The trustees of the University of the District of Columbia, caught in the financial squeeze of the city's budget crisis, voted last night to double undergraduate tuition for D.C. residents next fall to $330 a year.

However, the board responded to strong complaints from the student government, and promised to hold a prublic hearing before the increase goes into effect.

Marjorie H. Parker, chairman of the board's finance committee, said the tuition increase was necessary because Mayor Marion Barry's planned budget for next year gives the university for less money than it needs. But she said the higher tuition along with improved college programs would have another salutory effect.

"We are often a university of last resort," Parker said, "but we are looking forward to [the time] when our main attraction will not be that we are the cheapest game in town."

Even so, UDC administrators distributed a chart showing that even with the increase, the college's tuition still probably would be the lowest in the area.

Although the finance committee originally proposed doubling the tuition rates for nonresidents and graduate students, as well as undergraduates, the board voted to increase all these rates by just the same amount -- $165 -- as the tuition for resident undergraduates. Thus undergraduate tuition for nonresidents will go up to $1,580, and the tuition for graduate students will be $777 for D.C. residents and $1,587 for nonresidents.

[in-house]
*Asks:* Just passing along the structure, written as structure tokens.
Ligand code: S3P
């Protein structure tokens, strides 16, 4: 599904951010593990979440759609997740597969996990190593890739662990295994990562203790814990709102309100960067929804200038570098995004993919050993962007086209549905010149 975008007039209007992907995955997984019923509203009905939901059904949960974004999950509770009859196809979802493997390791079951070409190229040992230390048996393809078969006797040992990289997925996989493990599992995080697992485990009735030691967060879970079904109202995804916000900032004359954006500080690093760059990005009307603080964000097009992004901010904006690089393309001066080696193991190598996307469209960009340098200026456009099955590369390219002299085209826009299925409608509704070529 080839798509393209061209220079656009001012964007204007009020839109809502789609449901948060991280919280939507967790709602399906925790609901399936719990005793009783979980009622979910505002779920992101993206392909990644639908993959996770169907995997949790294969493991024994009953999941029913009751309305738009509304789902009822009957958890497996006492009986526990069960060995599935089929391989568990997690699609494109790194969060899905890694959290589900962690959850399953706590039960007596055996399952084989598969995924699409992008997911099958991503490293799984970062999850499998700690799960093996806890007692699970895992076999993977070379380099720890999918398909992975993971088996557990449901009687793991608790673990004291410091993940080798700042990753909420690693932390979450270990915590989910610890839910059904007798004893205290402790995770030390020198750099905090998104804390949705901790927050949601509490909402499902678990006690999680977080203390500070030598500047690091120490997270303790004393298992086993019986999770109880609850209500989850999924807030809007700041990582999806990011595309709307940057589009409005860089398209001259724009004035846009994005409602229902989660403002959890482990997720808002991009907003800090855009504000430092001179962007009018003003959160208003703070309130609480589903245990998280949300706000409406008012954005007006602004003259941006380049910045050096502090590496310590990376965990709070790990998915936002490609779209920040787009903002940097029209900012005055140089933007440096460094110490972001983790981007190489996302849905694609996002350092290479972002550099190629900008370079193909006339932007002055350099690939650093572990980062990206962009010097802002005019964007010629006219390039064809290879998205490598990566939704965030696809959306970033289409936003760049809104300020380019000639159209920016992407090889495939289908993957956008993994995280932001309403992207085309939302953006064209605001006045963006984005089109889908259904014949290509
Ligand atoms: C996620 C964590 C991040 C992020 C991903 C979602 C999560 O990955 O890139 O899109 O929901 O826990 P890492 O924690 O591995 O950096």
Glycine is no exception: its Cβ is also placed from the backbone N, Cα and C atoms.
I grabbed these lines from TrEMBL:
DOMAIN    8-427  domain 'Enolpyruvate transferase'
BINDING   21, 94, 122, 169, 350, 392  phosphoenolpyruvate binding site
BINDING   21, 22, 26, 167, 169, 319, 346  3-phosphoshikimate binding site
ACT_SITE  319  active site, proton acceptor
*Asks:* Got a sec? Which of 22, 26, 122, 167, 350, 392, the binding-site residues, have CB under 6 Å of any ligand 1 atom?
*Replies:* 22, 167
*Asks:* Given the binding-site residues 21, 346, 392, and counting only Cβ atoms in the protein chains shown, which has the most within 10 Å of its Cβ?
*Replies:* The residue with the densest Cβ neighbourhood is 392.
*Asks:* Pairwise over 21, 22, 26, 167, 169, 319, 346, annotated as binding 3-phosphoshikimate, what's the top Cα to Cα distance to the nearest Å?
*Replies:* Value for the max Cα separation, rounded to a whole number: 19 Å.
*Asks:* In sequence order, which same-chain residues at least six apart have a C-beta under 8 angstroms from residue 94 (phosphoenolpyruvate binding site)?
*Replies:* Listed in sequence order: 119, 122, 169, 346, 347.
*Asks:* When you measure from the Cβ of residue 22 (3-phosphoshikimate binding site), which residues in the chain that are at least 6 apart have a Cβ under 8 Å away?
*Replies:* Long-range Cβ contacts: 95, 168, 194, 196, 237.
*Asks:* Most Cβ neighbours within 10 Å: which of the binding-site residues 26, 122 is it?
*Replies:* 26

Parker said any larger increases for nonresidents and graduate students would be a self defeating because many students might leave UDC for older, more established universities, at which rates would be about the same.

One trustee, Daniel Fivel, proposed raising the rates for all non-U.S citizens to $2,000 a year, but Board Chairman Ronald H. Brown said the proposal might be unconstitutinal and it received no support from other members.

The plan said the reduction was necessary because of low enrollment in many departments and suggested that about 15 programs be eliminated. But it said most of the cutbacks probably could be carried out by hiring fewer part-time teachers.

The plan suggests major changes in the university's administrative structure, but no cutbacks in the number of nonfaculty positions -- a point that drew fire from several trustees last night.

In its resolution the board said it would hold public hearings on the plan and indicated it would probably make changes afterwards.